Yesterday I found that I have a fair amount in common with the pure bred heritage Iberico pig which feeds on acorns, which is known as "bellota" during the peak fattening period. As I hammered my way through the MoVida menu, which included 50 grams of the legendary Carrasco Jamon Ibericode Bellota that literally brought tears to my eyes because it was so damned good, I could feel my stomach engorging at the same rate that credit card balance is expanding as of late.
MoVida greeted us and were happy to accommodate two hungry and thirsty blokes with no booking. It wasn't long until we were reviewing both the wine and food lists after being seated by the friendly staff. I had to take a pragmatic approach to the list of tapas and raciones since everything looked amazing on paper so I was bold and ordered two of everything on the tapas menu. That was nine dishes. I also requested the special celery and white anchovy soup along with the aforementioned 50 grams of Jamon. It took a bottle of Moritz lager for me to read through the wine menu and decide on a bottle of 2008 Lanzaga Tempranilli Rioja ($98) which would also be consumed quickly and then ordered again to finish off two servings of Bistec Tartar De Wagyu.
Everything that was ordered was divine. Starting with the Anchoa ($4.50 each) with is a hand-fillet anchovy on a crouton with smoked tomato sorbet took to me to my happy place. The wine flowed as dishes continued to be presented. The Atun ($4.00 each) of the sashimi grade Bincho tuna with Piquillo pepper followed. This dish was just as good as anything that I had at Nobu. I was afraid that the Tempranillo would overpower the fish but it didn't. The Mejillone En Escabache ($4.00 each) was a surprise as the pickled Spring Bay mussel with carrot and onions was concealed under a pastry that was dressed with squid ink to make it look like a shell. It was so delicate and your senses are confused when you break the pastry and enjoy it along with the mussel. The squid ink certainly complements the mussel, carrot and onions and the wine for that matter. The Caballa Ahumado ($5.50 each) is presented in small coffin-like vessels and when the lid is removed, you can't help sticking your face in the smoke and inhaling as much of the smell that you can. Once the smoke clears and you come down off of your high, you will see the beautifully presented house cold smoked Spanish mackeral and pine nut gazpacho sorbet. Simply stunning. My senses were in overdrive trying to process the experience as a whole.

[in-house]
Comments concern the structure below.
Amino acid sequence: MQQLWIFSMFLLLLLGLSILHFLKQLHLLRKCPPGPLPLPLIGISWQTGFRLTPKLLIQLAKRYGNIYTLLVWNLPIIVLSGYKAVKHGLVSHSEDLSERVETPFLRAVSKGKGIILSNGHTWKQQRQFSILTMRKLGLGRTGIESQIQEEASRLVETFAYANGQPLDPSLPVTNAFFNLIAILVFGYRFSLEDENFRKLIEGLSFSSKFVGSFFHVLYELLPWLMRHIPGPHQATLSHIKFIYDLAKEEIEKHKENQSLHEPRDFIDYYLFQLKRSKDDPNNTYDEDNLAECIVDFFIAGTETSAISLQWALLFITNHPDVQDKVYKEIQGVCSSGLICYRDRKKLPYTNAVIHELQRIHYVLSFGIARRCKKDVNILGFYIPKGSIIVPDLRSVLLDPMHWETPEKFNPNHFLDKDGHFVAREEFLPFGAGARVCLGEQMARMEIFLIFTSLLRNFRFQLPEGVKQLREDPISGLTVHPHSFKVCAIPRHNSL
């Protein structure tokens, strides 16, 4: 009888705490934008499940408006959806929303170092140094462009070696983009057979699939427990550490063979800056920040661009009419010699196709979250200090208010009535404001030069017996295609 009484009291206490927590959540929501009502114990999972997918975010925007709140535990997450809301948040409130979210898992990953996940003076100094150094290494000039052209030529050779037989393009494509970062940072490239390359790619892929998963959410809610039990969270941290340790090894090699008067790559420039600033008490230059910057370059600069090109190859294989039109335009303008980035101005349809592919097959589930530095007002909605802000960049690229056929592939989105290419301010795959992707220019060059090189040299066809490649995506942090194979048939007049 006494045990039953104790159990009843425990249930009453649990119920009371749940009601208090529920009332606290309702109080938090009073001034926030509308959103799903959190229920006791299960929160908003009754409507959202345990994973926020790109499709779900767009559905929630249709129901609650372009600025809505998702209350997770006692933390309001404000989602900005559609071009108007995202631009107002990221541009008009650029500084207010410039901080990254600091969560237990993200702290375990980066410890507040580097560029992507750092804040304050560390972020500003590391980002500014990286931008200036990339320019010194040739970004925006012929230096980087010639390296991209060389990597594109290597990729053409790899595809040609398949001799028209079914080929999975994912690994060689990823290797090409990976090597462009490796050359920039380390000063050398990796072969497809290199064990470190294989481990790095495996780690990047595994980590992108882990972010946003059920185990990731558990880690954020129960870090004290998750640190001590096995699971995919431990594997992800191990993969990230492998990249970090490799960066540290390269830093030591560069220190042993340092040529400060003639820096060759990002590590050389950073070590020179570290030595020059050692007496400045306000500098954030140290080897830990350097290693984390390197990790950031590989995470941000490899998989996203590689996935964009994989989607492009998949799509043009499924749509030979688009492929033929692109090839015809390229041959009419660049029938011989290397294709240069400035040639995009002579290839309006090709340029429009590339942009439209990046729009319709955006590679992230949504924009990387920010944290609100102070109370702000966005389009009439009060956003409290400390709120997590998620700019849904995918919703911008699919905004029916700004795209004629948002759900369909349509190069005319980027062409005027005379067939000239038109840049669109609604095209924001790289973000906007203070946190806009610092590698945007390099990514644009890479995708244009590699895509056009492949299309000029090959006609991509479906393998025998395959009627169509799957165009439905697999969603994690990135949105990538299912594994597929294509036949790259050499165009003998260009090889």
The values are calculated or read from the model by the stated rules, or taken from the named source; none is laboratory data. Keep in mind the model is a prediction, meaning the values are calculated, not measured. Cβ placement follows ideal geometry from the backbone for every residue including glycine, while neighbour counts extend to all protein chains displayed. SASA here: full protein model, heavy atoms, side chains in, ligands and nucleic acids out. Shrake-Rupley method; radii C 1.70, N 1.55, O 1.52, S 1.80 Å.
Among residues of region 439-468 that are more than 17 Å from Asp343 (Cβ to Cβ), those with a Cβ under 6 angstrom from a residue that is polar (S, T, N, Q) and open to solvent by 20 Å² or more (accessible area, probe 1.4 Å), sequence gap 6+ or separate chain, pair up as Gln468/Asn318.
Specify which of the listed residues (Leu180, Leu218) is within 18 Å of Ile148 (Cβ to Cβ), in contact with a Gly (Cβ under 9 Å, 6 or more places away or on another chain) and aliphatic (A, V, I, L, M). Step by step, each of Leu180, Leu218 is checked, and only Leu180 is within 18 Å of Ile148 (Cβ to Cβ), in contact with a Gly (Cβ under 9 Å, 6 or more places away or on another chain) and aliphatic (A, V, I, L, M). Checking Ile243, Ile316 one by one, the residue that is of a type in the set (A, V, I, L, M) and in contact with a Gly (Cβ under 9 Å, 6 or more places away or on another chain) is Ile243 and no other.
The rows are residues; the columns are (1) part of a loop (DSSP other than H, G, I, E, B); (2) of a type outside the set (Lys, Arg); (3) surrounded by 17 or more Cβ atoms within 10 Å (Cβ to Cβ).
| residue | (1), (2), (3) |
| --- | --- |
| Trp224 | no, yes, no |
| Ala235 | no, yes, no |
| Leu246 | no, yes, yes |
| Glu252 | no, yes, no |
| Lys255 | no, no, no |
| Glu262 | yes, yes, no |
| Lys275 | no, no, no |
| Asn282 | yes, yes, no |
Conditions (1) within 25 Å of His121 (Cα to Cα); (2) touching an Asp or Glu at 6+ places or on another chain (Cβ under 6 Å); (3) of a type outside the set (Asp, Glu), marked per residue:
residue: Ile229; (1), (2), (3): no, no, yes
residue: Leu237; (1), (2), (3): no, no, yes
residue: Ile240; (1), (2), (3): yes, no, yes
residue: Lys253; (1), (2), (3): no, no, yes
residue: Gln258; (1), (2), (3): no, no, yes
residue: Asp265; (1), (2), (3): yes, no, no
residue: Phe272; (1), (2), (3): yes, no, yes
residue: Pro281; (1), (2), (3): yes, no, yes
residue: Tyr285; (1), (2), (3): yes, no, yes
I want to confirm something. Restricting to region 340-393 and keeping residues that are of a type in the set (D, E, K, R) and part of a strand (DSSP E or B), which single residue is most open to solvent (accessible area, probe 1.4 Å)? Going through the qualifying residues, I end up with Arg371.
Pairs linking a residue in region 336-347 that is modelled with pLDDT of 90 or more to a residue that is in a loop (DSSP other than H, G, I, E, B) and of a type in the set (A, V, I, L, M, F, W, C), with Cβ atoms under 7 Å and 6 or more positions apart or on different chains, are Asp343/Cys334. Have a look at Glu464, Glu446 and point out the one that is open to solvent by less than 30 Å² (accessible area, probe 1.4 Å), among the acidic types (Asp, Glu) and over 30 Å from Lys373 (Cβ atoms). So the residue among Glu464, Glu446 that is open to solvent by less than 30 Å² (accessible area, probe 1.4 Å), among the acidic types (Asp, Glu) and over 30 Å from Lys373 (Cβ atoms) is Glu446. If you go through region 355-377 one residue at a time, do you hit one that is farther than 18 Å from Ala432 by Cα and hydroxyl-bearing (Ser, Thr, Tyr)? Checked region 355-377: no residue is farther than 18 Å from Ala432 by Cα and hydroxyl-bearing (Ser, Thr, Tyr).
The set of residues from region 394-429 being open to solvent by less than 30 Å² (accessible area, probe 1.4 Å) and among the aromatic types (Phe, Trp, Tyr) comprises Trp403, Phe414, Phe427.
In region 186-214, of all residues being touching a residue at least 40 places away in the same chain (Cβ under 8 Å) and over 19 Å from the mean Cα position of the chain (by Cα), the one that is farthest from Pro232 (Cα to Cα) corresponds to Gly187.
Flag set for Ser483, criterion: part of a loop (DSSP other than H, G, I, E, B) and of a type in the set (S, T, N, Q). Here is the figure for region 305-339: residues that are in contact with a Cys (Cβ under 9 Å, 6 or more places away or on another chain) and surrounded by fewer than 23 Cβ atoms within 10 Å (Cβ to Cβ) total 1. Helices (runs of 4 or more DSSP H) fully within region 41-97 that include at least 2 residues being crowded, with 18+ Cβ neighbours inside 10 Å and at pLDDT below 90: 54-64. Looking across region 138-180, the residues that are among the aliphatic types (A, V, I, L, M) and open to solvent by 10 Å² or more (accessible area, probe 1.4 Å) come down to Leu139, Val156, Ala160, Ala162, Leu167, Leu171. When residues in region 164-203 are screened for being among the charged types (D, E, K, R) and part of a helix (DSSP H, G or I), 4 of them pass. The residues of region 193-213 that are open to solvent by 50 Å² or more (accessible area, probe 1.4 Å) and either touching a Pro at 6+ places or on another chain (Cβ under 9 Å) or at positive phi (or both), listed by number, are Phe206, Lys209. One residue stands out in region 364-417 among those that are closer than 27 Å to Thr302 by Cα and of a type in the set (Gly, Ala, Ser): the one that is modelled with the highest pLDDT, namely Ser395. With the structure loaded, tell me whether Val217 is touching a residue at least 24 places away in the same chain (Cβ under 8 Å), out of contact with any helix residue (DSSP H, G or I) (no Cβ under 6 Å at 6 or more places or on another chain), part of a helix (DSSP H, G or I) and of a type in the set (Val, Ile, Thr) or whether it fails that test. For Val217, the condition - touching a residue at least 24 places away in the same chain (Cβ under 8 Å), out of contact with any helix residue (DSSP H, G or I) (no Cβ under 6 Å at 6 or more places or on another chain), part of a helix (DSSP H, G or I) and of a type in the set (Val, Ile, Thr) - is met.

Music played in the background and it complemented the experience. The ambiance made me feel like I was in Spain in a bygone era after Franco died. The atmosphere was lively and as I got stuck in to the second bottle of Lanzaga, the Air Baguette ($4.00 each) arrived. It is 9+ score Wagyu with air baguette and horseradish. It certainly complimented the Tempranillo. The Alcachofa ($4.00 each) stunned me as it was a fusion of tastes that most resembled a potato however finely balanced to almost conceal the fact that it is in fact a roast Jerusalem artichoke with crisp onions. I do enjoy it when the restaurant can tease me in such a way.
The Gamba En Sal (4.00 each) followed which is a salt baked South Australian prawn. When I shelled it, the bits of salt went flying playfully over my dining companion and the bar and I laughed like a madman, probably a bit like Franco back in his day. I certainly was having fun as I consumed the Oreja ($3.50 each) which is crispy pig's ear with compressed apple. You would never know it is the ear of the pig as it is finely diced. Some people think the Spanish eat the ear as a whole like you would with a tortilla chip, but that is not the case but the thought does amuse me. We finished the tapas courses by enjoying the Pollo Escabache Al Miguel ($4.50 each) which for me was one of the highlights of this culinary masterpiece. Spiced chicken Escabache tapa on crisp crouton. This chicken was special and makes my pitiful attempts at making it at home even cause me now to hang my head in shame as I write this.
As there was more wine left in the second bottle, we each ordered Bistec Tartar De Wagyu ($18.50 each) which is the spicy steak tartare of wagyu beef. It was a great way to end my raciones experience however I would have liked it to be a bit spicier however that is just a personal preference.
The wine and experience as a whole finished with a plate of cheeses. Three hours went by quickly and I enjoyed everything - and I mean everything that MoVida had to offer. The highlight was the Jamon and the runner-ups were the Pollo Escabache Al Miguel and the Caballa Ahumado, although it is really hard to say that one dish was just more amazing then the other fantastic dishes. This is truly the best tapas that I have had in my life and it would have to be the best in this country.
Link to review
1 Hosier Lane Melbourne VIC 3000
(03) 9663 3038
My Rating: 16.5/20
Value For Money: 4/5
Comment: Jamon Iberico. Enough said.
e-mail: epicureanofsouthbank (at) gmail (dot) com
When I made this post originally, 84% of the reviewers on Urbanspoon also liked MoVida also.